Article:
Researchers at Ohio University have found that after primates evolved the ability to see red, they began to develop red and orange skin and hair.
Humans, apes and Old World monkeys, such as macaques and leaf monkeys, all have trichromatic vision, which allow them to distinguish between blue, green and red colors. Primatologists have disagreed about whether this type of color vision initially evolved to help early primates forage for ripe fruit and young, red leaves among green foliage or evolved to help them select mates.
"Neuroscience research has found some evidence of a perceptual bias for more brilliant colors," said Andre Fernandez, an Ohio University doctoral student. "So, it is reasonable for primates with trichromatic color vision to respond more when they see bright colors."
"It looks like red skin and hair became a sexual preference," said Molly Morris, a fish biologist who studies how physical traits such as coloring evolve through sexual selection.
Their new rules out an initial advantage for mating and suggests that red-color vision evolved for non-social purposes, possibly foraging. But once developed, trichromaticism drove the evolution of red skin and hair through sexual selection.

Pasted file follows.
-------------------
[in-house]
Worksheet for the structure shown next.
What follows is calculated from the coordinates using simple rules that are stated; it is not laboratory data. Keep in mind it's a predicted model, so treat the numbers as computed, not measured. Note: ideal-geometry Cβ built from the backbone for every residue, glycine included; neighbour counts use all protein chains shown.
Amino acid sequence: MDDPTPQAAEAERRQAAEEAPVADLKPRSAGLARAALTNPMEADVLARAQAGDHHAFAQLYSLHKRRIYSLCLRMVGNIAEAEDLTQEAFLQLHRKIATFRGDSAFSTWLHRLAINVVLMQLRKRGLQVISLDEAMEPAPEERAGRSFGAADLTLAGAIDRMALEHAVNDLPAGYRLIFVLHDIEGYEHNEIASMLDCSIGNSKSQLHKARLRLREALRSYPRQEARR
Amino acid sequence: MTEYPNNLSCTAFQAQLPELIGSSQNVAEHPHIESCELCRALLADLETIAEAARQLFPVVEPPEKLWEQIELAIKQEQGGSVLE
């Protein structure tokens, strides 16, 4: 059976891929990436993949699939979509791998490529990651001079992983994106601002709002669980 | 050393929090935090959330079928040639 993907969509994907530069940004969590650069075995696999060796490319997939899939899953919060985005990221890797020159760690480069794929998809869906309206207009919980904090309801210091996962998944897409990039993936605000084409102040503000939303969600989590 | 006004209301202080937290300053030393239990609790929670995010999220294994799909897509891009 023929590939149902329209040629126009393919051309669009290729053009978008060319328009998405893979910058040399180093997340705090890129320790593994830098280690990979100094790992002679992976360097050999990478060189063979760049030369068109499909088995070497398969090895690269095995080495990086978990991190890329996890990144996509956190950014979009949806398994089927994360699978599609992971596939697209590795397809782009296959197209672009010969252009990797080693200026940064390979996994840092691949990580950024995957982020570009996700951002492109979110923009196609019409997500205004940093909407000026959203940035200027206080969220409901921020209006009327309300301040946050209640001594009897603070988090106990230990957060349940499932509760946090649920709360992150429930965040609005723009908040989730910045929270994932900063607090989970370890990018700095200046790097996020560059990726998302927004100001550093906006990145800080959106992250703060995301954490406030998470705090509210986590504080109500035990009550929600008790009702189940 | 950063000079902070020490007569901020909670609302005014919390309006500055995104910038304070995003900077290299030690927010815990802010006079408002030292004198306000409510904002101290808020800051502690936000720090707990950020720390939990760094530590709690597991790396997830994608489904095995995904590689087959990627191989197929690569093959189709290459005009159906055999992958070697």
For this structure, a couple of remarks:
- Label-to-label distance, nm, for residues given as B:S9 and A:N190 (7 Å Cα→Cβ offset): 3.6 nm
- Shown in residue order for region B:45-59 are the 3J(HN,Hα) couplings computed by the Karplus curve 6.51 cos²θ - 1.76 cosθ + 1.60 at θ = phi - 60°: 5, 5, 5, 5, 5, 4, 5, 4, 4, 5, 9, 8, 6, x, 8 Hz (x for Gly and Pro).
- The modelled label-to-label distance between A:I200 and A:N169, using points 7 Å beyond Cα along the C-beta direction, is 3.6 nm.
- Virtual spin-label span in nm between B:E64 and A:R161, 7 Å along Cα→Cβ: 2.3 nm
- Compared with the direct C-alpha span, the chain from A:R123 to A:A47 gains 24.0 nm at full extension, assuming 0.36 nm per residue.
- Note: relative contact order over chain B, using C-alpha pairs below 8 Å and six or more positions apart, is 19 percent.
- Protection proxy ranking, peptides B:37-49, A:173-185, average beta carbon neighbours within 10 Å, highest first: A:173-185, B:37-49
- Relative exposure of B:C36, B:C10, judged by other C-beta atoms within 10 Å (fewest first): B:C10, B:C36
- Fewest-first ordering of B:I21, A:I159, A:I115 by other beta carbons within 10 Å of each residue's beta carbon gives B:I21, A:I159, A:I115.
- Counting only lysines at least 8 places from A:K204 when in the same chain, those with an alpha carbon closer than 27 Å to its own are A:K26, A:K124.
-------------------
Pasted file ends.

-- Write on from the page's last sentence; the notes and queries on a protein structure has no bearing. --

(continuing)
Fernandez, the study's lead author, first began to question the strict correlation of food choice and color vision while studying howler monkeys in Costa Rica. He recently compiled data on the color vision, social and sexual habits and red skin and pelage of 203 different primate species.
The researchers then used a phylogenetic tree representing the evolutionary relationships among all the primate species under study to test hypotheses about the order in which the traits of red color vision, gregariousness (highly social behavior) and red coloring evolved. By comparing the traits of individual species in this evolutionary context, Fernandez and Morris could statistically deduce the probability of their ancestors having the same traits, as well if any of the traits were correlated with one another.
They found that the species that could discern red and orange hues were more likely to develop red and orange skin and hair, as well as highly social habits that make it easier to visually compare mates. In fact, the more social the trichromats are, the more red coloring they show.
Source: Ohio University